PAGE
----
The bodhran – a unique Irish percussion instrument – is sometimes compared to other forms of ethnic frame drums but what makes it so special is the playing technique we use in Irish traditional music sessions.
We must continue to care for the identity of this instrument as it beats alongside the chirping tin whistle, rattling banjos and rosin stained fiddles of this world. It’s hard to ignore the rhythmic beat of the bodhran in a jig or a reel or a hornpipe being played with gusto among friends and fellow traditional music lovers. There are many varieties of bodhrans available to us today ranging from ones being manufactured in the Far East to custom-made ones here in Ireland – tunable ones … even electric ones. The type of bodhran you require I guess should reflect the interest and commitment you have.
On buying your first bodhran there are a few things to look out for:
The size of the bodhran – 18” are the most common for starters for adults and easier to play on. However, a smaller bodhran may be more suitable for children to hold and control. Secondly, the skin of the bodhran should be goatskin if at all possible as it is thicker and less sensitive to room temperatures.
The wooden frame is also important, ensure it is strong and at least 1.5” wide.
The stick or ‘cipin” that is used is really a personal choice. You will see many different sticks being used as you come across different players. Most players have different sticks with them which have different effects when used. Overall the bodhran is a low maintenance instrument – just a little care needed to keep the skin supple and the tension right. Many Irish homes have a bodhran lying around somewhere in the house … often hanging on a wall after being received as a gift. The owners of these wonderful machines don’t realise the enjoyment that can be gained from taking it down, dusting it off and discovering the rhythm and heartbeat it can create to many, many wonderful Irish airs and ballads.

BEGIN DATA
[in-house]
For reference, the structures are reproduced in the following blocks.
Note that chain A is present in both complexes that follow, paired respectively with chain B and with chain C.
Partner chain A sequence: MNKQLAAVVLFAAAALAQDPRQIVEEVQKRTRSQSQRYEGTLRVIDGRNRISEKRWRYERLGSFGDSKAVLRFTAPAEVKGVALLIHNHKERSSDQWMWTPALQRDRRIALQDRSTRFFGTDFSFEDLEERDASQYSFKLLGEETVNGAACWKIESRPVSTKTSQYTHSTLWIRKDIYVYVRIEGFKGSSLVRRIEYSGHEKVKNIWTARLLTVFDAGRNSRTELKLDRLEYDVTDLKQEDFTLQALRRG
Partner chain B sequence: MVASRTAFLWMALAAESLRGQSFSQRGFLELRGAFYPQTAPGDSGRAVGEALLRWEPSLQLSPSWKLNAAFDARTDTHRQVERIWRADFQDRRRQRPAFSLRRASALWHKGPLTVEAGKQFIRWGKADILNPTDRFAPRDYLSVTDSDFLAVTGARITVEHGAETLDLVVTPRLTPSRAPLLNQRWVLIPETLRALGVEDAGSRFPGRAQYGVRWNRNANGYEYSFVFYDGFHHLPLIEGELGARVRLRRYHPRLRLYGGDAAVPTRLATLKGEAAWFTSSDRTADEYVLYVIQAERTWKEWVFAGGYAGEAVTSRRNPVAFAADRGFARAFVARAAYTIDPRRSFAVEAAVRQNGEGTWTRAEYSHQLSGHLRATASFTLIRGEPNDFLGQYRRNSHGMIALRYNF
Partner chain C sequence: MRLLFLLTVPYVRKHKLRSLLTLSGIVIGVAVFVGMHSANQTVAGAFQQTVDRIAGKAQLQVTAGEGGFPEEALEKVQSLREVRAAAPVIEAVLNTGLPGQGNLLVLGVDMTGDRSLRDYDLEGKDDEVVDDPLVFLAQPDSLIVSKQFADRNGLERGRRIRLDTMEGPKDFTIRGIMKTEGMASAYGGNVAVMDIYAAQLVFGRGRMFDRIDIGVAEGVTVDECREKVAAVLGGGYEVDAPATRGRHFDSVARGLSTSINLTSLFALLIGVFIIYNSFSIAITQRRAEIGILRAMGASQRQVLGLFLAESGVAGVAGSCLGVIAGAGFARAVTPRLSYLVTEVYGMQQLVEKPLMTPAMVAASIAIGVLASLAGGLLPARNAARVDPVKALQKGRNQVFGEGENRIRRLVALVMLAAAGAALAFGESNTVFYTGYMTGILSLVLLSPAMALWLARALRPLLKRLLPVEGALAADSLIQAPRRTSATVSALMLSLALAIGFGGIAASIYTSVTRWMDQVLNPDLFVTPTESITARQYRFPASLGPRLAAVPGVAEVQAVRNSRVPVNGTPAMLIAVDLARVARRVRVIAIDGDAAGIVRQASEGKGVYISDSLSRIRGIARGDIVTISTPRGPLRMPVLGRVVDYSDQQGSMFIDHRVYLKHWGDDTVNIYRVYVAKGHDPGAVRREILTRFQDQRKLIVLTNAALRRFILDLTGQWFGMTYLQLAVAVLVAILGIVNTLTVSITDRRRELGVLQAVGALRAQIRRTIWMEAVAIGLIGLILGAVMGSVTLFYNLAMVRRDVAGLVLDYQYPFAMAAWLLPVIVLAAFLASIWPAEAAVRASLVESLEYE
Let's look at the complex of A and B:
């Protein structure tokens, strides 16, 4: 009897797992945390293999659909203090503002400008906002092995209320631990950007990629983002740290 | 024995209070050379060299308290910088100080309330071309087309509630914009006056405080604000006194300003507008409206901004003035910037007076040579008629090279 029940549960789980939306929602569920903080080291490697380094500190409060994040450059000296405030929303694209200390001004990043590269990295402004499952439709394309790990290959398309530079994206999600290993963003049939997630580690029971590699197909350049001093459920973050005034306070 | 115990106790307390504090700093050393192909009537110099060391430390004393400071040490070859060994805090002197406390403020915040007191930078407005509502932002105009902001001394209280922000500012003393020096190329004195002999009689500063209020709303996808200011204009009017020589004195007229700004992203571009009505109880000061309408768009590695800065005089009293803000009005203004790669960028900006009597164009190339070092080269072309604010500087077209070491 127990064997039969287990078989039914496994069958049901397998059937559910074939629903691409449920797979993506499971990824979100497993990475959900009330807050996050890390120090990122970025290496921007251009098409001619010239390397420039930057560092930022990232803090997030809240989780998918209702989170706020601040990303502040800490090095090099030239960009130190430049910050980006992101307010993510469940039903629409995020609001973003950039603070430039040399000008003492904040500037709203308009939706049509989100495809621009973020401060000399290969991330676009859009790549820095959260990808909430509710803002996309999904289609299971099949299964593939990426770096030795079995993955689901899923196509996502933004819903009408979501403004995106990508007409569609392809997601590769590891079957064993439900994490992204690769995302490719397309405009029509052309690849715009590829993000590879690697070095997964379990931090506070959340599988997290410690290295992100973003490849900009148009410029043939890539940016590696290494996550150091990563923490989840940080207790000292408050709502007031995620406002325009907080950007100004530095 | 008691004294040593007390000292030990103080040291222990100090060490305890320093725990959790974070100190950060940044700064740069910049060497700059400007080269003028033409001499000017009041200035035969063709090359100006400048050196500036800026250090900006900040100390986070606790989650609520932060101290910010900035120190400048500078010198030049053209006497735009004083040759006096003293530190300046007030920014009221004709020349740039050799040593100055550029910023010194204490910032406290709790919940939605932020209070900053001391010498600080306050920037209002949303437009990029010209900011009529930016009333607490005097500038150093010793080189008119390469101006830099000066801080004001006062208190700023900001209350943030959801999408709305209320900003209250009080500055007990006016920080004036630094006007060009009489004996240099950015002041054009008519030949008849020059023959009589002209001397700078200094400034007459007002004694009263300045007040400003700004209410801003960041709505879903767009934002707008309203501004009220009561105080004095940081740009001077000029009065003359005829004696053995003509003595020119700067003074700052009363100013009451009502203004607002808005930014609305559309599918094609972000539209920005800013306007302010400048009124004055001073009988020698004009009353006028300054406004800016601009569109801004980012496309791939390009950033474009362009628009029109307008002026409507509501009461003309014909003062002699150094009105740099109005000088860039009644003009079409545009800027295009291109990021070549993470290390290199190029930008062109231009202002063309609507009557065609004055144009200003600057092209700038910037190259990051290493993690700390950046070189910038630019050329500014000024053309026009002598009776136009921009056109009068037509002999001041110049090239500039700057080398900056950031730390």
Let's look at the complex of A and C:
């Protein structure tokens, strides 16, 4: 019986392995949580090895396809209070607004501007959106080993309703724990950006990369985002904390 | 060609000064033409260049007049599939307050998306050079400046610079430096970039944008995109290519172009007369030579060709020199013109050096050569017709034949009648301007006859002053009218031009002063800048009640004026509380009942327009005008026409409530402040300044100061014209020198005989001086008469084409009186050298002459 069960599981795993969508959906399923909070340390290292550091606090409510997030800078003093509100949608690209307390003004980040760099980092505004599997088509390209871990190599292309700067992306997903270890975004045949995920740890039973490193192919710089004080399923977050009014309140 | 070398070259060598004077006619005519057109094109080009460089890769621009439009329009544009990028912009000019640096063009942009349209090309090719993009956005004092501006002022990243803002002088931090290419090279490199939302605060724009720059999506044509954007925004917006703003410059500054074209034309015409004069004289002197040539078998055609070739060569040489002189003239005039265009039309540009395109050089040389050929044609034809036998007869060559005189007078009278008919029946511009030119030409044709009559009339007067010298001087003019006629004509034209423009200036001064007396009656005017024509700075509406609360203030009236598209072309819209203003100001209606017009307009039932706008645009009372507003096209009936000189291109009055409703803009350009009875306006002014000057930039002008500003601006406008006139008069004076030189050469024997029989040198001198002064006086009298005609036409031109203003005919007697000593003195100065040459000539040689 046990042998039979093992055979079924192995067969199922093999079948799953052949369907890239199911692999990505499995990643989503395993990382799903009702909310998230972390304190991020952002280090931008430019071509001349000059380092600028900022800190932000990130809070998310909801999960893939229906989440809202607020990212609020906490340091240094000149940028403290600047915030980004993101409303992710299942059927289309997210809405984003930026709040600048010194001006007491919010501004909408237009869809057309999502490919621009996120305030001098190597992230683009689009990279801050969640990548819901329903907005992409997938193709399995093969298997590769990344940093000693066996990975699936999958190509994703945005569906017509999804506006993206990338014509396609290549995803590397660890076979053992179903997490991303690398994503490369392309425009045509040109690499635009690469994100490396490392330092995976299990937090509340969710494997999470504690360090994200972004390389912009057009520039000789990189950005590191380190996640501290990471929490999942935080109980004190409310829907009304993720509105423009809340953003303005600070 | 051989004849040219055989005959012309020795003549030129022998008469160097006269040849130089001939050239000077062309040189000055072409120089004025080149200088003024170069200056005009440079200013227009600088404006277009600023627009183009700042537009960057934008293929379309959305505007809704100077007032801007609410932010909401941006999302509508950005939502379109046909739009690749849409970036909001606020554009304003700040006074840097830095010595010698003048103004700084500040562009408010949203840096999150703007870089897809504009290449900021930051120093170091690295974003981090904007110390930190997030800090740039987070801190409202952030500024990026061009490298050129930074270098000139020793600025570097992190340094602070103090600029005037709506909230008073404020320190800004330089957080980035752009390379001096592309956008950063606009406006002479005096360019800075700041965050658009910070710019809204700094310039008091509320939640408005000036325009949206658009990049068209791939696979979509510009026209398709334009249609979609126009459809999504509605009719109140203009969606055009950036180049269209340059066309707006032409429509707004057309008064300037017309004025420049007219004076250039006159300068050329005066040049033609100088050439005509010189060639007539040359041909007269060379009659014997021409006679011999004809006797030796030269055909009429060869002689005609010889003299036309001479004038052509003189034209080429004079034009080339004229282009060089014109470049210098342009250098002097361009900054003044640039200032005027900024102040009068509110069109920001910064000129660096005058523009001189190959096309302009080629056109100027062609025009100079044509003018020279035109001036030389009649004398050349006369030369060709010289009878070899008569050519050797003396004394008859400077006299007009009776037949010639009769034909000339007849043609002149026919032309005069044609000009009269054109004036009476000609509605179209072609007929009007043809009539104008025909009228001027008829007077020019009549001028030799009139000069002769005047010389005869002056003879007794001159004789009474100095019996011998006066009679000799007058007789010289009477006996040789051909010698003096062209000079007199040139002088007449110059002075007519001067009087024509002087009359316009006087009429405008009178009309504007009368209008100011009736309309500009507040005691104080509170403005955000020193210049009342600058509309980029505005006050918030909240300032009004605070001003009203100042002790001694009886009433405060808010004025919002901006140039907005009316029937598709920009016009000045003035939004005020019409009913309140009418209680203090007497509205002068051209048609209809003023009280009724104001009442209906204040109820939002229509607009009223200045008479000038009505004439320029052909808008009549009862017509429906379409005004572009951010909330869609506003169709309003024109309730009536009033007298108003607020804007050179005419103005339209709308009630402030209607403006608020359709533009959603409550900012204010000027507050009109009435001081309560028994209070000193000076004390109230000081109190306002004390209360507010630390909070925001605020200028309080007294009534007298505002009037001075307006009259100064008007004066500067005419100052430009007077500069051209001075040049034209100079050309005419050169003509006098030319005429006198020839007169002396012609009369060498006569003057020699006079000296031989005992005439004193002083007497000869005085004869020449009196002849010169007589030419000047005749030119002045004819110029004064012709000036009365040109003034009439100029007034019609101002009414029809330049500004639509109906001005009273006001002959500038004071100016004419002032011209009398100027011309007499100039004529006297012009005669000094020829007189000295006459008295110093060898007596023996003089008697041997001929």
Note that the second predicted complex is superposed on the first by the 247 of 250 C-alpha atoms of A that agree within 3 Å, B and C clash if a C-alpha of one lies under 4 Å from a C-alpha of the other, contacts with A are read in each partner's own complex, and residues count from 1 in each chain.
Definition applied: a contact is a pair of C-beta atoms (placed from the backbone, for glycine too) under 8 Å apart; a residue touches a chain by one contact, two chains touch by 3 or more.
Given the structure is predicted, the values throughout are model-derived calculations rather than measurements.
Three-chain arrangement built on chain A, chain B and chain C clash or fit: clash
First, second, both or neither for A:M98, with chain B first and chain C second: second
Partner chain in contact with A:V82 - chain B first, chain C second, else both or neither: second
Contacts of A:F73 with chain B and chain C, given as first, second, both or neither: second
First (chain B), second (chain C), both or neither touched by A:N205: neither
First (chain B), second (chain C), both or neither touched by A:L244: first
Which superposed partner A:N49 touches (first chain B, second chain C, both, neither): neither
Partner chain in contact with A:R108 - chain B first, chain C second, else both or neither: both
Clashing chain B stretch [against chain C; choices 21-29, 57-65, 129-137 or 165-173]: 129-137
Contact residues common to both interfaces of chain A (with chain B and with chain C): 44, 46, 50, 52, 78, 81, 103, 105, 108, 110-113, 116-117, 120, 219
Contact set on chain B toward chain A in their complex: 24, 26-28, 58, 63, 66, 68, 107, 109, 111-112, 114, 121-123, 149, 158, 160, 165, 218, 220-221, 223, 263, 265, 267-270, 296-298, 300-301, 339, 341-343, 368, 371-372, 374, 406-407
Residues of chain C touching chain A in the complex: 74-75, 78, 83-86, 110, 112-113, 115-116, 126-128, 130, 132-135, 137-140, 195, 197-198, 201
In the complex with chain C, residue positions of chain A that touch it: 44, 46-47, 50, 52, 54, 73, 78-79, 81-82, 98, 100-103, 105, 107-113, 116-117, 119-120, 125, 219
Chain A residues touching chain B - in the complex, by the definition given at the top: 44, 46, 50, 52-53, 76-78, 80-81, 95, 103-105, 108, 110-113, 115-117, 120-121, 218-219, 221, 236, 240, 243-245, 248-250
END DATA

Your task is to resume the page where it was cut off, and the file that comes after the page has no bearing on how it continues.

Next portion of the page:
If you have an interest in traditional Irish music it is not the hardest thing in the world to learn to play the Bodhran and become part of your local seisiun. Every branch of Comhaltas Ceoltoiri Eireann (CCE) have information on lessons for the bodhran – and indeed most traditional Irish instruments – for the very beginners of all ages. Navan branch of CCE currently offer access to these lessons – just visit their website www.comhalasnavan.com.
The ‘bodhran for beginners’ course in Navan currently takes place in Beaufort College on Tuesday evenings. The course is of six classes covering basic beats and has been enjoyed by many. Contact Martin at 086 049 5673